Maker: General Electric
Price (new): $26.50
Cell type: Selenium
Measure type: combination Reflecting/Averaging, 2D Incident
My first meter (as opposed to my father's). Picked it up at a swap meet with a box of misc accessories (old sync cords, filter adapters, rubber lens hoods, flash bulbs—the fun stuff) for little or nothing. This is a pre-war meter—at least pre-war design. You can generally tell post-war meters by their use of ASA speeds. Prior to the war meters had to use various other competing schemes for rating film speed, and GE had their own system.
A couple of nifty things about this. One is that you can use it a couple different ways; if you pop the hood off it you can use it as a reflected (I think incident if you aim it at the light source), meter under moderate light, or you can leave the hood on and flip the cover open for restricted angle reflected or bright light, or you could flip the cover closed (which still had slits in it) for really bright light. A calculator dial on the back of the hood allowed you to interpret the meter reading depending on which configuration you used.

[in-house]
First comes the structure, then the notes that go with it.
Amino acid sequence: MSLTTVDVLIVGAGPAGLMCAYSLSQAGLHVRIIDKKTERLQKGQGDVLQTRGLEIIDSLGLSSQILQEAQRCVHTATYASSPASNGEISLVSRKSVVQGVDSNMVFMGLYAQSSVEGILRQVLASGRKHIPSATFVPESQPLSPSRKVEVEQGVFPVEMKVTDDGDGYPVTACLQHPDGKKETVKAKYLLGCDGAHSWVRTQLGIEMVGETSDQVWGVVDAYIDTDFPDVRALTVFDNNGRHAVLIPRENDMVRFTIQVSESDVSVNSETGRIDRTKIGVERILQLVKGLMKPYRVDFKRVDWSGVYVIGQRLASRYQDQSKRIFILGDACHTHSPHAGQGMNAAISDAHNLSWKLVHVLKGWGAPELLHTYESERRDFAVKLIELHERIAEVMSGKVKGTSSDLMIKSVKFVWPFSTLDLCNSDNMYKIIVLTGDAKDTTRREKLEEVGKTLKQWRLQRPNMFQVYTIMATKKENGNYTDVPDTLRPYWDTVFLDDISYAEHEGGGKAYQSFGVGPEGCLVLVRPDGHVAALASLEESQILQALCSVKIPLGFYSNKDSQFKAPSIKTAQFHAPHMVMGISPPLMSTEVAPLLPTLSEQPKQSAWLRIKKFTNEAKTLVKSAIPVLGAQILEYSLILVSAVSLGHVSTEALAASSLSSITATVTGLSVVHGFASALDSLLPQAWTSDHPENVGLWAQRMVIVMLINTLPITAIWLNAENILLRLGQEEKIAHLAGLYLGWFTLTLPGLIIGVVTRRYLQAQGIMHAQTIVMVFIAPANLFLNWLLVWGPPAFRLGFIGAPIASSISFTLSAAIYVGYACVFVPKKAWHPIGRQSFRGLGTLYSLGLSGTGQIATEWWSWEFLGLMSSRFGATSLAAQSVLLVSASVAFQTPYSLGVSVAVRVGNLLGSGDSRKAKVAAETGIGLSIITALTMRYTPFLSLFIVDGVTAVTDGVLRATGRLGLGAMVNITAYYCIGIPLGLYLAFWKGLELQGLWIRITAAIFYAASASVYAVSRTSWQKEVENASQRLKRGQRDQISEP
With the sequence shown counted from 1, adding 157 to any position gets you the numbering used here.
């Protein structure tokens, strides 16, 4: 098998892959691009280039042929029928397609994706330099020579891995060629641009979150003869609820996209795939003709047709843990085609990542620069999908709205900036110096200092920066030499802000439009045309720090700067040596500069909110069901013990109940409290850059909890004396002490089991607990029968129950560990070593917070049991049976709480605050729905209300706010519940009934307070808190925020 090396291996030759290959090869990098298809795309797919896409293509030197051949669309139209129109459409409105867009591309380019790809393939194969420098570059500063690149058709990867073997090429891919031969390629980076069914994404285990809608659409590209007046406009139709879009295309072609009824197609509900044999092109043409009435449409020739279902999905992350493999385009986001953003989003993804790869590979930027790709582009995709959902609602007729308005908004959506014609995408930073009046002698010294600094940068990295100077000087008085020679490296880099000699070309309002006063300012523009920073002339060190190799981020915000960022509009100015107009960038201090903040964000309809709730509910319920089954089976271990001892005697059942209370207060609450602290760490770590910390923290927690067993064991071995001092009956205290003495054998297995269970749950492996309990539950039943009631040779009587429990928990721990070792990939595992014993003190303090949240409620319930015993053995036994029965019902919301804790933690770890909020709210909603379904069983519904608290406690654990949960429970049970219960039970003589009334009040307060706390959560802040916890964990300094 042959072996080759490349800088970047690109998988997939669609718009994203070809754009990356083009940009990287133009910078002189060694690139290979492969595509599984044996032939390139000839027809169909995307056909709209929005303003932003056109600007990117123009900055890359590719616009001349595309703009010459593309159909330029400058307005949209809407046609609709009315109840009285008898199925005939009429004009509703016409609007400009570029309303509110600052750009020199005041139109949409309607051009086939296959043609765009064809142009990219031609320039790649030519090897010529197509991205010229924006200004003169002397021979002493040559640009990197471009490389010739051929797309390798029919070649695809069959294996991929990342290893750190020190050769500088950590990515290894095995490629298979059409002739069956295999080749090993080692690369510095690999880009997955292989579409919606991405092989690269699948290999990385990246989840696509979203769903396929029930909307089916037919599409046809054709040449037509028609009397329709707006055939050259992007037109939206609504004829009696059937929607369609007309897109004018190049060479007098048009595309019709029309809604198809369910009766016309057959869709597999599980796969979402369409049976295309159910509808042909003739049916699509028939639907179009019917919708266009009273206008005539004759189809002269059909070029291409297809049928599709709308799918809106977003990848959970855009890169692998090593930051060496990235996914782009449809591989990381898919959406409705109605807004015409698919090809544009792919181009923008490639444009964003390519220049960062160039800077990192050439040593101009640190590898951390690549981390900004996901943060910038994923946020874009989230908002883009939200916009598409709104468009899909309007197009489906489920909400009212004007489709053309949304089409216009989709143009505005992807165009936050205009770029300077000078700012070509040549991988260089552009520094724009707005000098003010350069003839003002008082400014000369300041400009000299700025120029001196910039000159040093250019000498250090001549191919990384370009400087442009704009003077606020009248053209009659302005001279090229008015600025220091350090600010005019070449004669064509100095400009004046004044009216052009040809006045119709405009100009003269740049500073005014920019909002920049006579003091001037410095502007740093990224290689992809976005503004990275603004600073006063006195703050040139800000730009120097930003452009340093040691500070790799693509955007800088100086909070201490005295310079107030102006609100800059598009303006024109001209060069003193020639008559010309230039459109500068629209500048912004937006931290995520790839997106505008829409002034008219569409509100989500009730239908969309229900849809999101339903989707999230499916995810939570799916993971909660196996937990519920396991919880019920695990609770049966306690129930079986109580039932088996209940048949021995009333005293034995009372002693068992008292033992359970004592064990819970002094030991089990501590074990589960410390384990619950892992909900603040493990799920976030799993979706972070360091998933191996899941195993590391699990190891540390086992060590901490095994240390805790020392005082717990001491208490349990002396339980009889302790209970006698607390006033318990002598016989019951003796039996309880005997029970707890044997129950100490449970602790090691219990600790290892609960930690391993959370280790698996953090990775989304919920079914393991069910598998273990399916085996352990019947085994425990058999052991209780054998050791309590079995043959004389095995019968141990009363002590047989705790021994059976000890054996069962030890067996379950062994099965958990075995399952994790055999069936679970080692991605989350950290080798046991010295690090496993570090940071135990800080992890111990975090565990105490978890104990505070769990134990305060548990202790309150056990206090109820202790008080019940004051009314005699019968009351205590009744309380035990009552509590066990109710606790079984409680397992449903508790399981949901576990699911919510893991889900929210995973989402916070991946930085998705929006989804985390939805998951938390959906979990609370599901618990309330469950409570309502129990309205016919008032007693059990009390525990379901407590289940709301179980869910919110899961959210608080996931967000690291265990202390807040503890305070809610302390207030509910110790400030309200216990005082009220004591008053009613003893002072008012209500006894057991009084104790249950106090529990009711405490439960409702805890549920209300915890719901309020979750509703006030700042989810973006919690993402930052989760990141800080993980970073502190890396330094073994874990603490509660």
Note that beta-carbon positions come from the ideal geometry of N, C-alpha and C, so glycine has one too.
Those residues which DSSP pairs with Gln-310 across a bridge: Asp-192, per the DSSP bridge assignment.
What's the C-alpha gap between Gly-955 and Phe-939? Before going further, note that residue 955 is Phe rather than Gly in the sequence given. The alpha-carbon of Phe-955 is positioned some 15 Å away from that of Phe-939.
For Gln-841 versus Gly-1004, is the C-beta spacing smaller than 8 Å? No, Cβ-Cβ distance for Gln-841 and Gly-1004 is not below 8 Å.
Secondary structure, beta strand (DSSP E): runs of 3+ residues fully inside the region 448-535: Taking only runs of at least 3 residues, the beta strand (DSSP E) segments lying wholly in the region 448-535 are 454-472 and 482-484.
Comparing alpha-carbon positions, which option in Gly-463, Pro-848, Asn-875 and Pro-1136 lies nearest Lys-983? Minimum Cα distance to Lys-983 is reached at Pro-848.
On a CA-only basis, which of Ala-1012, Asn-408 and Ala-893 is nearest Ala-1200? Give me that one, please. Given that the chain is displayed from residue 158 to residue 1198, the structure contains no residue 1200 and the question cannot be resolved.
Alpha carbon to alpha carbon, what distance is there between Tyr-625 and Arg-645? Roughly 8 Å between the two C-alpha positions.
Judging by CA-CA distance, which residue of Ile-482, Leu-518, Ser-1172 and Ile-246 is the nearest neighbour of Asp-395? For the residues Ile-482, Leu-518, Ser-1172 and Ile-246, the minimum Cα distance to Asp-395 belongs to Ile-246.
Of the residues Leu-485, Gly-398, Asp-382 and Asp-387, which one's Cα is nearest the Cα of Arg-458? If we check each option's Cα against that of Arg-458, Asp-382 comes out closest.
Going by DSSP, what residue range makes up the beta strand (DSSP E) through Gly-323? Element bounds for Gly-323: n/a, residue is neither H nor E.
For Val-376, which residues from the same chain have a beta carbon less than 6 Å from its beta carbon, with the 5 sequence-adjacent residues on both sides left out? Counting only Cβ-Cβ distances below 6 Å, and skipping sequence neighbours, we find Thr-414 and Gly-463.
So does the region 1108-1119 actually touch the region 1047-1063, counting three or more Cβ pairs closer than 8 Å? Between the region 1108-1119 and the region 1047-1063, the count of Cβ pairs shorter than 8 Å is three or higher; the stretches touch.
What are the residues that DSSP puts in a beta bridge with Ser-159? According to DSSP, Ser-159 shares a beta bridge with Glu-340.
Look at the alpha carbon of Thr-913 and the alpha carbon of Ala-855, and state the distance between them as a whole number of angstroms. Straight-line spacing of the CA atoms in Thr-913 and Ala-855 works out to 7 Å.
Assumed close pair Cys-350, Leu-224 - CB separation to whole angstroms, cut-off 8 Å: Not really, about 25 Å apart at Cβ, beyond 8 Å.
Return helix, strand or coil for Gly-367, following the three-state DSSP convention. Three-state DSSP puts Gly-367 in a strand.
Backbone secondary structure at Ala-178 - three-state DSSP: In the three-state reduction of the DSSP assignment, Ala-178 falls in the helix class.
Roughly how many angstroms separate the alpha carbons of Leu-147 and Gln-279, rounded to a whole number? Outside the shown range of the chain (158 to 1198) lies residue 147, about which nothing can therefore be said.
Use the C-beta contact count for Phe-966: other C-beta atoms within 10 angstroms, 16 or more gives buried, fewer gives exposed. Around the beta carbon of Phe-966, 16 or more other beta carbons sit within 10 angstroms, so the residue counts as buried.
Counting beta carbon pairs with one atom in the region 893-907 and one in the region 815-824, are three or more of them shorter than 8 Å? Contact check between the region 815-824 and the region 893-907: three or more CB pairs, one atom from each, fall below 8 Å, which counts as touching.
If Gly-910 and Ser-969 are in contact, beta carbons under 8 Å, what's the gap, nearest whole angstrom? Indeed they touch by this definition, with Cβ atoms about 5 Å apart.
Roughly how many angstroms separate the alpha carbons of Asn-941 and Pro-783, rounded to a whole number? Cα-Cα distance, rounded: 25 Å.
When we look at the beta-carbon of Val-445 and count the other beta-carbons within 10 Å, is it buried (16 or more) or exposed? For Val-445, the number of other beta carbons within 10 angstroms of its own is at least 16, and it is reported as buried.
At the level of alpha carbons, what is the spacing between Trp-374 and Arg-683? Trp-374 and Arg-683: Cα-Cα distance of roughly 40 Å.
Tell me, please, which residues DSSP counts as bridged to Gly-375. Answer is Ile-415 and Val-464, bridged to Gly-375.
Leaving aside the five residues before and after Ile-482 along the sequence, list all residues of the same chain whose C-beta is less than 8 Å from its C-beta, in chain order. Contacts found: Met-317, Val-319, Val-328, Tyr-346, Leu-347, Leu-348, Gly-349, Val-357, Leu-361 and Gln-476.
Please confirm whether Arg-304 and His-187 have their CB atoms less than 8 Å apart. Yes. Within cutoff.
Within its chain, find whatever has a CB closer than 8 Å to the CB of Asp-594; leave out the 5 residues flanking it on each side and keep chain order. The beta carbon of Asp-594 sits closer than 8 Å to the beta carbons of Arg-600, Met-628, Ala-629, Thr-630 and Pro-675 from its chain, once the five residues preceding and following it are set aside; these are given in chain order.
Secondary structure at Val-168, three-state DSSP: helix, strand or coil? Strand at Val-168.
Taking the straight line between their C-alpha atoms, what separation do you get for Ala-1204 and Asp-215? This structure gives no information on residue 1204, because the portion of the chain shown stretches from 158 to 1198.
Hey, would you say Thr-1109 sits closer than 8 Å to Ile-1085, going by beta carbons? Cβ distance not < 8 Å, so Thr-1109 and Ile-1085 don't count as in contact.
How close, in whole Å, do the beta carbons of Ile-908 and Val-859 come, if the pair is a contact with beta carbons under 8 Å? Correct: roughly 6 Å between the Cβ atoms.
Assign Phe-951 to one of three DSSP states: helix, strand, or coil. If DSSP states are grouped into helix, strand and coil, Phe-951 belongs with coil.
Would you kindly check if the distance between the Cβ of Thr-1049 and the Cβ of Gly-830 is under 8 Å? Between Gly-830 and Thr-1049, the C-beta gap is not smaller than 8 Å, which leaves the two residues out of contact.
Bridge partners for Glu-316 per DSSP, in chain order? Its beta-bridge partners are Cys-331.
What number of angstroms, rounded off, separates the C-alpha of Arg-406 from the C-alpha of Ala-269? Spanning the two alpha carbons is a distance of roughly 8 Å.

The other really nifty thing was that the meter reads off in foot candles—something only the high-end professional meters tend to do. Most meters simply have an unmarked match-needle system, or the range is marked off in the maker's own scheme. Foot candles actually mean something, and can be converted into exposure values if you have the charts. One of Ansel Adams most famous photographs, "Moonrise, Hernandez New Mexico," was exposed without a meter because Adams had memorized the luminance of the Moon in foot-candles, and noodled out the shutter and diaphram combination he needed from there.
GE must have sold a gazillion of these because I see them fairly often. Despite the fact they look as antiquated as they are, they're only worth a few dollars.